THE man I’ve never met is asleep upstairs and I am sitting here worrying about snow.
He arrived yesterday before anyone was home. After a spot of phone messaging, he got the spare key from our neighbour – thanks, A – and let himself in, then shot off to watch the snooker. He returned after we were asleep; now he is asleep, or so I am guessing, and I am awake (sort of).
This sometimes happens with guests who arrive late. If this visitor has a lie-in, we might not meet at all, as I am off to work in an hour or so. Incidentally, the guests still come and go, not talking of Michelangelo. Well, I was going on about old poetry books the other day, and a scrap of TS Eliot just flapped into my mind there.
Last weekend’s visitor was a lovely young man from India, now living in Birmingham. We chatted about food over breakfast. I showed him a favourite recipe for spinach, coconut and lentil dhal.
He read the recipe, nodding approvingly. “That’s a good recipe,” he said. “It’s from southern India and you can tell that because of the coconut.”
Not so much southern India as from a book by the ever-reliable Simon Hopkinson. Other pages remain pristine, but that one has spills and spatters. I guess Simon must have got the recipe from southern India; now we make it on the outer western fringes of York.
Snow is forecast for tomorrow – “Coldest weekend of the year…” says the Daily Express, which keeps a weather eye on the seasons, telling us it will be hot in the summer and cold in the winter. Where would we be without such useful advice?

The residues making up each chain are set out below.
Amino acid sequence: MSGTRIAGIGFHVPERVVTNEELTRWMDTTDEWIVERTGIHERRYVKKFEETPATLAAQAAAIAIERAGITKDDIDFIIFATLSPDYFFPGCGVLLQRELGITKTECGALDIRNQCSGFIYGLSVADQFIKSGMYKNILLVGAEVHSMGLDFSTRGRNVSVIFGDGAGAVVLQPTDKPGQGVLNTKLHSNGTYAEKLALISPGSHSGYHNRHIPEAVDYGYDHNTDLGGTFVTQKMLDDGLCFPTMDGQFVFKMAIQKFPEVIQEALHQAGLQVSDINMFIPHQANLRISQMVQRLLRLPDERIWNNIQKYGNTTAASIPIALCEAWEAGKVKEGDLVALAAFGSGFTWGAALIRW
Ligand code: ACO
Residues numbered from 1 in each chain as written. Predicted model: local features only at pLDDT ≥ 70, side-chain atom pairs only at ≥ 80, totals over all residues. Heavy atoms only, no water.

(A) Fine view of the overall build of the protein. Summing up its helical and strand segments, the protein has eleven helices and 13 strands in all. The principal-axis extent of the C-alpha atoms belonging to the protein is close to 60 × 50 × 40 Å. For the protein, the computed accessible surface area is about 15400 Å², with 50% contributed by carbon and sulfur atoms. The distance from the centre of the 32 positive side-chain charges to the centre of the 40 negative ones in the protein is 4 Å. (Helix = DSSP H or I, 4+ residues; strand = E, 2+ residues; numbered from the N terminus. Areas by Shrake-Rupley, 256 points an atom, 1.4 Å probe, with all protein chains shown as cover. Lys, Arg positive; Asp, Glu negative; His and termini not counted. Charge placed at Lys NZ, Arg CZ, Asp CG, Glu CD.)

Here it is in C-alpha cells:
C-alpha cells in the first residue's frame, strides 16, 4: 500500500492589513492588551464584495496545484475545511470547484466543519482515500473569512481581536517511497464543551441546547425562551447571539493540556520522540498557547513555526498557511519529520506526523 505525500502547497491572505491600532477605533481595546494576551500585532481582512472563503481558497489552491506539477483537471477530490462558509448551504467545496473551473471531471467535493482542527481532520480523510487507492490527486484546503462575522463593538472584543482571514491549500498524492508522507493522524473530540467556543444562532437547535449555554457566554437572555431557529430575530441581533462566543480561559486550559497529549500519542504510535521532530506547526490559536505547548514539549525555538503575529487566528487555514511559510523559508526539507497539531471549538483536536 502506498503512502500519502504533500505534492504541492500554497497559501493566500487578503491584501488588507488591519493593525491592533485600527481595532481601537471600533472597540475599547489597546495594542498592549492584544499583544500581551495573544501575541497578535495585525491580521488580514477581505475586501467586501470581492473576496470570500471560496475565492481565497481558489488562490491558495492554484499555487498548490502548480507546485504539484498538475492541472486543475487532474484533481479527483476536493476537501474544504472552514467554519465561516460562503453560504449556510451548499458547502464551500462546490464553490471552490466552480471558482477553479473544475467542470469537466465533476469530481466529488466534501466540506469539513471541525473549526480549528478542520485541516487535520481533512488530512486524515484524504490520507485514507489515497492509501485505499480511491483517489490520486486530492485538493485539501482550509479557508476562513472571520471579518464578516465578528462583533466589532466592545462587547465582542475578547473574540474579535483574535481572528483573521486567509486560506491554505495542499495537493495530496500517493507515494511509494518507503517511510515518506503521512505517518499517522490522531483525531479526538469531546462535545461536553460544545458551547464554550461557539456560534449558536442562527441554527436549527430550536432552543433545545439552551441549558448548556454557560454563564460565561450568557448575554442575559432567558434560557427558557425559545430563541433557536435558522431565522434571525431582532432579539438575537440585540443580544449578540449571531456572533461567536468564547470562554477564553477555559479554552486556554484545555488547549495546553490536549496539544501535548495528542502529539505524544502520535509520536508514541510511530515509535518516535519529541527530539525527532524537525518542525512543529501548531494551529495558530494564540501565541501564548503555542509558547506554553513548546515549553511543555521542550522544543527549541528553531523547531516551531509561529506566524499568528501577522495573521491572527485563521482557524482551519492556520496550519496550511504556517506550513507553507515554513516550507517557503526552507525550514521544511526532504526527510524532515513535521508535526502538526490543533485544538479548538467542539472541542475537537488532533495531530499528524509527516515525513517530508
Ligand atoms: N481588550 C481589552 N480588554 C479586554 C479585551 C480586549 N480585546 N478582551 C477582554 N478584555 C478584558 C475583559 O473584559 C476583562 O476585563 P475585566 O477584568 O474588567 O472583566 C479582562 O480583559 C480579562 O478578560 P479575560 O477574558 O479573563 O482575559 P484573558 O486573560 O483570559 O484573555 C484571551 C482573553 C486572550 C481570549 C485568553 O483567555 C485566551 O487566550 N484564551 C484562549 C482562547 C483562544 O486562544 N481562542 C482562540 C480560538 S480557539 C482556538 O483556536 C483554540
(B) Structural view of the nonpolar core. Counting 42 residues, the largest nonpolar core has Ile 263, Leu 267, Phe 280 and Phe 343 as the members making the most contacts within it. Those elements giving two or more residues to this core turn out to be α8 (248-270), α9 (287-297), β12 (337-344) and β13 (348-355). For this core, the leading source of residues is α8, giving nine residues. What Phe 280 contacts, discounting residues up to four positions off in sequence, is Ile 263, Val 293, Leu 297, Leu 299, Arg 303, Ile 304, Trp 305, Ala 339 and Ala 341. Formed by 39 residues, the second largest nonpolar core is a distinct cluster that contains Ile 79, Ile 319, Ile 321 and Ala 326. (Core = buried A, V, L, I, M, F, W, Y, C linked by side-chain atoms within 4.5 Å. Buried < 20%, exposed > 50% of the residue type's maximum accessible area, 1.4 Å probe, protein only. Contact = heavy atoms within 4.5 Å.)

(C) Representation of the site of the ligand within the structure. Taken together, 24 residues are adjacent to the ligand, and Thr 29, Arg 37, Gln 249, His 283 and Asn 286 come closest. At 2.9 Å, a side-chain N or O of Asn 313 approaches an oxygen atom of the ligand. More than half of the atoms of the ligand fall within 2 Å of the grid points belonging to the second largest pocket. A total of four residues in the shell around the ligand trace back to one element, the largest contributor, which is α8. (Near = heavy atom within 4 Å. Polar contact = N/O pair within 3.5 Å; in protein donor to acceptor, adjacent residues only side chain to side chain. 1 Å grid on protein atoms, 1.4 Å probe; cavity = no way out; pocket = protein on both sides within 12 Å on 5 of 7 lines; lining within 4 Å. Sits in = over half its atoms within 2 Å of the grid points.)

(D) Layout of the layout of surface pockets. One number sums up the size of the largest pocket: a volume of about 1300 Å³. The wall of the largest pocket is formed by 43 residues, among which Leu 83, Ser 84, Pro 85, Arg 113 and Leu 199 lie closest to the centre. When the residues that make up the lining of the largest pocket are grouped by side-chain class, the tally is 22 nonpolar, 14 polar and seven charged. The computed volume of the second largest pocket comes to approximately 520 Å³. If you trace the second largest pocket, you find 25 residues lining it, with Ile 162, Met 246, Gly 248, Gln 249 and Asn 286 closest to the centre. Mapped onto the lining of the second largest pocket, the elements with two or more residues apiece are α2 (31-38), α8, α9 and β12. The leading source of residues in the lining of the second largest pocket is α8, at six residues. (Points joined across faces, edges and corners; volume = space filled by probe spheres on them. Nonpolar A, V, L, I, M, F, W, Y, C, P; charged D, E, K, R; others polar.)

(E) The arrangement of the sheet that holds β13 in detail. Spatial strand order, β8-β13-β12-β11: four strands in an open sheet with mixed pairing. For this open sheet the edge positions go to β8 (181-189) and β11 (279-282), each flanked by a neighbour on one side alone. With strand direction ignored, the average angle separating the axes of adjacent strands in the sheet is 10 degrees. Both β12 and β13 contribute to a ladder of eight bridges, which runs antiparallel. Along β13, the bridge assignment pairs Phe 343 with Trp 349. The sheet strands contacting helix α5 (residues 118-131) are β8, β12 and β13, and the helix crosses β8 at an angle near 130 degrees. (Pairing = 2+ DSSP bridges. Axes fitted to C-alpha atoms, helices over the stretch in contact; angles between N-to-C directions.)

In the old days snow didn’t much bother me. Sometimes I had to push my bike home; sometimes I booted up and walked. Thanks to having to drive now, more notice is taken of snow. First thing Monday, I will be on the road to Horsforth in Leeds. If the forecast is right, snow will be lying on the ground.
My usual route is devious and ends with a swoop down a steep valley that, oddly, then winds into a suburban road close to the university. That way will be out, so it will have to be the A64 and then all those horrible roundabouts on the ring-road – otherwise known as the Leeds traffic jam, a study in lack of momentum.
On good days you get nowhere fast on that road; heaven knows what it will be like in snow.
Life was easier before I shuffled onto this ledge all that time ago. But life is what it is; living on a ledge is what it is. The life I once led is disintegrating a bit more now for those who are still there.
Other than imminent snow, this morning’s papers are Brexit-blasted, a swirling storm of words adding up to not a lot. “Huge Brexit boost as last,” says the non-snowy part of the Express. “The price of freedom,” says the Telegraph – pompous and nonsensical in four words. “Rejoice! We’re on our way,” says the Mail.
Never has one tiny step forward been celebrated with so much pomp and wordy ceremony.
Well, I’ll be on my way soon. And I’ve still not heard a sound from our guest.